What to Offer in Addition to Salary

After returning from one of the dinners in Brussels at Belgium Testing Days, Mieke Gievers, one of the organizers said, “I don't think people have the same passion about their jobs. They just want more money.”

I, of course, disagreed. The reasons people want money is that organizations have broken the implicit social contract to be fair with their employees that was in place for many years. Now, employees know that the organizations have no loyalty to them, so employees have no loyalty to the company. That means there is strictly a financial contract between the employee and the organization.

But that doesn't mean you should reinforce money as the only piece of the salary negotiation to a candidate. You should offer other perqs:

  • extra vacation, with or without pay
  • book allowance
  • conference budget
  • workshop budget
  • tuition reimbursement, especially if your organization does not have a history of rapid payment
  • stock
  • earlier review
  • a chance to work collaboratively
  • hours bound on each side of the day for parents of young children

There are many more options than just straight money, although money is certainly a part of these. I'm sure you are more creative than I am, so let your imagination soar! What's important to your candidate or you? Candidates, remember that your education is what really moves with you from job to job. Invest in your education and the money will follow.

The other perqs, in addition to the money, help recreate the social contract the organization has with each person. And that's a great thing.

6 thoughts on “What to Offer in Addition to Salary”

  1. Pingback: antonymarcano.com » Financial Rewards & Poorer Performance

  2. Nice post. I started to write a comment but it got kinda long so turned wrote a blog post instead… tying some of what you’ve said into Dan Pink’s ideas on Mastery and Autonomy being 2 of the 3 elements of motivation and relating it to Netflix Freedom & Responsibility culture.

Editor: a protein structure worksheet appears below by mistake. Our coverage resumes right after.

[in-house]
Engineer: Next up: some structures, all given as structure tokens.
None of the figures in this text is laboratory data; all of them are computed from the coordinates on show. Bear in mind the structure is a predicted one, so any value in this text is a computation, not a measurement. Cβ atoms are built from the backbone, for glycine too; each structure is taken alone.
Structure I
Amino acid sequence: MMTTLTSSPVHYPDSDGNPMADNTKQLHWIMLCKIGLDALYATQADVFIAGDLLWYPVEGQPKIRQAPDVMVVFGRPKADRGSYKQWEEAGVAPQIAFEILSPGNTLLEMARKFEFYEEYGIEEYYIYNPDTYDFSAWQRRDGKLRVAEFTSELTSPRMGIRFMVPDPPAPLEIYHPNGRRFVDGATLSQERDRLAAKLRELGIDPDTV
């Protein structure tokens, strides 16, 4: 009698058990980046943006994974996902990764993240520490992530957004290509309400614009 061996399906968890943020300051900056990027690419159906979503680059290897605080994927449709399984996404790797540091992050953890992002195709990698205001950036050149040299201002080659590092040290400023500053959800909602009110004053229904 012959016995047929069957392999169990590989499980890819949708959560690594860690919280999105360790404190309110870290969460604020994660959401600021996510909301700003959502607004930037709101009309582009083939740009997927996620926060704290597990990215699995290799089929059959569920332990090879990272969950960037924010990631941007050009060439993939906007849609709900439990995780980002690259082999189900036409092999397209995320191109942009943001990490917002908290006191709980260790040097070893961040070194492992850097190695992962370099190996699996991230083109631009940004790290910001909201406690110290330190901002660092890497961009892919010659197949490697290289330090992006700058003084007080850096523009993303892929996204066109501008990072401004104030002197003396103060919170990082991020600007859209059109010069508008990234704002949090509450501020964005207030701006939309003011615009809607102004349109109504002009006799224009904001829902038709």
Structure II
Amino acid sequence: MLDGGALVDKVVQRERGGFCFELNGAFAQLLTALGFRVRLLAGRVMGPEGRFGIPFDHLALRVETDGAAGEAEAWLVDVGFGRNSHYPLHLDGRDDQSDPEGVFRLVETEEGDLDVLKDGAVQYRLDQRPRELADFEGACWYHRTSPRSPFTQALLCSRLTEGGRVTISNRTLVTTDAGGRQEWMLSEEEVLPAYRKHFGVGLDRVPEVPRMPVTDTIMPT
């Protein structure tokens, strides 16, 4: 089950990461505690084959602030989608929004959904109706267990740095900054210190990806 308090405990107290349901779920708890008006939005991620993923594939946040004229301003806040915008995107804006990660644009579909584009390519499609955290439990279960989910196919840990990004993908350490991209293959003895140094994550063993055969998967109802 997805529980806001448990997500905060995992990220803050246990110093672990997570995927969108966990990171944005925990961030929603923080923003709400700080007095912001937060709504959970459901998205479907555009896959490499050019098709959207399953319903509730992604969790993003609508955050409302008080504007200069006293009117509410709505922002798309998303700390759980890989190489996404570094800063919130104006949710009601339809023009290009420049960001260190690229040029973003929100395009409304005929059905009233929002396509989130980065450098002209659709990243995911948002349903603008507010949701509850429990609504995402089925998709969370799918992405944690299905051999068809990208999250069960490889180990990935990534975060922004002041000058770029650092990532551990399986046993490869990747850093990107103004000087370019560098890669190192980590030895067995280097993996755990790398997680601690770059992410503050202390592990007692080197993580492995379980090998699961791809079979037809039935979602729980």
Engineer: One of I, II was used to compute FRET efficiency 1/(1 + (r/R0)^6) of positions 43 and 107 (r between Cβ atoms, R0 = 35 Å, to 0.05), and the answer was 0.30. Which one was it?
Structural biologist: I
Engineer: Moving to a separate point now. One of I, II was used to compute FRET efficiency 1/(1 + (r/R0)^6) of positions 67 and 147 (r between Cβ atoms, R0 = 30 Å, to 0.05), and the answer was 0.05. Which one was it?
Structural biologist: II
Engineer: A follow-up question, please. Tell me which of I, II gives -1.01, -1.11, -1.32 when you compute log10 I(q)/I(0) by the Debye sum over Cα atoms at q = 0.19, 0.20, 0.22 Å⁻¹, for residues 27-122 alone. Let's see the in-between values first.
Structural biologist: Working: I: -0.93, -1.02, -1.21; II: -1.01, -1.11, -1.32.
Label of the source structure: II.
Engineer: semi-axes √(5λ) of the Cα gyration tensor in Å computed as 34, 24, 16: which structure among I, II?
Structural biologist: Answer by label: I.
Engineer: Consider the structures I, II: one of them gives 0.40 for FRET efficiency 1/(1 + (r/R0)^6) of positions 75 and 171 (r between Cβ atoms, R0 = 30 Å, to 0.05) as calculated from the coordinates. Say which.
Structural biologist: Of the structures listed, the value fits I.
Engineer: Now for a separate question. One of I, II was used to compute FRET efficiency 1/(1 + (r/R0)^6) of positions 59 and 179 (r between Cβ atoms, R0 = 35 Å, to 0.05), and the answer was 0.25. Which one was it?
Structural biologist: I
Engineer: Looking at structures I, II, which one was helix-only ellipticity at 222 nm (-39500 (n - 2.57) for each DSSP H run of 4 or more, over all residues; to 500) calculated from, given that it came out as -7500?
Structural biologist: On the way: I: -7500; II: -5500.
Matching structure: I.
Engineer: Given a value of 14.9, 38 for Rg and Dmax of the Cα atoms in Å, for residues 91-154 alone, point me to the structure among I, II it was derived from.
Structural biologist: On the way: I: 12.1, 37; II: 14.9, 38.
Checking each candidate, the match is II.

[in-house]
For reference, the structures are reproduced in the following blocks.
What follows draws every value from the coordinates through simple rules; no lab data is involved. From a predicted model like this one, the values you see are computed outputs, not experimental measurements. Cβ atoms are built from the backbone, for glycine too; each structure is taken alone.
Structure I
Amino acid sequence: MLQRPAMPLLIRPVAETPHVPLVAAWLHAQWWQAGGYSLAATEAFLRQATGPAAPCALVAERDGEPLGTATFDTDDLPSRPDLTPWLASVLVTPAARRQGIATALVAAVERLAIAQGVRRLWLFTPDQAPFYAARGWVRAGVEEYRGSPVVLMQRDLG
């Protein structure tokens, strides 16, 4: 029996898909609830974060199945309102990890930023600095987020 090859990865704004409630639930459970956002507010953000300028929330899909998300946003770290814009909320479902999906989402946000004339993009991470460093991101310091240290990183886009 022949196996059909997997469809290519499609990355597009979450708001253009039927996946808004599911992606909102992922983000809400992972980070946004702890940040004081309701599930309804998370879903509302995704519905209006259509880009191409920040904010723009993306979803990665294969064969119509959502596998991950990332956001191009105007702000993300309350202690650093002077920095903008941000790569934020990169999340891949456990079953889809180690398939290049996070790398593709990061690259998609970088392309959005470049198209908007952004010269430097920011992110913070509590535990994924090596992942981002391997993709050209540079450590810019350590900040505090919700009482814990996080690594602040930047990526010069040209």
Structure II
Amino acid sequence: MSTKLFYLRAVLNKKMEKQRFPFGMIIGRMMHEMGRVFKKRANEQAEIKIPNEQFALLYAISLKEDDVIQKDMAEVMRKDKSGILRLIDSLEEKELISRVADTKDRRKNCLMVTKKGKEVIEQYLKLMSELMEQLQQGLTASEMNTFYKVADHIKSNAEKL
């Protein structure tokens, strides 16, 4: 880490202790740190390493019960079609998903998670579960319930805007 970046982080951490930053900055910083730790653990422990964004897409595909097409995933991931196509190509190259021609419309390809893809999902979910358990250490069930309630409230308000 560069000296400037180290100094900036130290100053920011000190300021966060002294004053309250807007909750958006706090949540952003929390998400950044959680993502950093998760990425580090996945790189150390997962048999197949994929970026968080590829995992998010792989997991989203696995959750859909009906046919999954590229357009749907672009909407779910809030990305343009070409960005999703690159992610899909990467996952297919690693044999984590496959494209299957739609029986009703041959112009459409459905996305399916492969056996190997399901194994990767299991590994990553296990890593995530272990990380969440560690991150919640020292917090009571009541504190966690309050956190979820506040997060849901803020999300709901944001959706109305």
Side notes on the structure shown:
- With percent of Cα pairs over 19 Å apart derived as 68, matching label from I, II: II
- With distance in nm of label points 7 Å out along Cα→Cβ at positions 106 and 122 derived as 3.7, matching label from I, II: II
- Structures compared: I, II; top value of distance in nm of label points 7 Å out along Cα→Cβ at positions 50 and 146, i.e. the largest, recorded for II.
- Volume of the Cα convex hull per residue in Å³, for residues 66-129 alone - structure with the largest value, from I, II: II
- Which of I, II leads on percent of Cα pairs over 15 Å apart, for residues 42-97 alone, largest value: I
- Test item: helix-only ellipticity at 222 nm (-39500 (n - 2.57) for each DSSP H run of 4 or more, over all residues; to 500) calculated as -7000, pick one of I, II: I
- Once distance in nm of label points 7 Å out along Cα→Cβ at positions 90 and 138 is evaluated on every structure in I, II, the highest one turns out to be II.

3. And, of course, meaningful, interesting work.
    – Obvious connection of efforts to results and recognition
    – Accountability of staff, weeding out non-performers
    – Low-bullshit quotient workplace (no siloing, free employee interaction, lack of office politics)
    – Shared mission, clear understanding of the goals
    – Good work environment (I won’t get into offices vs. cubes, etc., but any type of env can be better or worse than “normal”)

    I would also include “opportunity for technical skills advancement” with the caveat that a place where the engineers are greatly concerned with building specific technical skills for their resumes is often not a great place to work.

  4. Companies want to people to work more time – required overtime in the office, fire-fighting in the middle of the night, or even simply being available for questions and support to their team member when on vacations. Therefore offering extra vacation or limited hours is counter-productive.

    Same with tuition reimbursement – someone who is taking classes towards a degree is not going be available to work 70+ hours a week.

    Stock used to have a great ring to it, but enough people have been burnt by the stock offerings of the dot-com era. And the link between the stock doing well, and an individual contributor in IT or development doing a great job is not visible in any but the tiniest and most transparent companies.

    I agree that “learning” budget can make a lot of sense – it’s little money, it sends the right message and attracts the right kind of people.

    But loyalty isn’t created out of the incentives scheme – it is built in the day-to-day interactions…

  5. If only my company could relieve me of the burden of buying fruit ;), and a nice selection of green tea. A small ask, but one that would go a long way with many people these days who are a little health conscious in the office.

    A friend of mine joined a company with those perks and the staff are thrilled by it.

  6. I’d add to your list, “Ongoing skills development through formal and informal training opportunities…” Workshops and conferences are part of the same ambit; all serve also as opportunities to network with colleagues at other companies and trade war-stories, which form some of the most useful learning.

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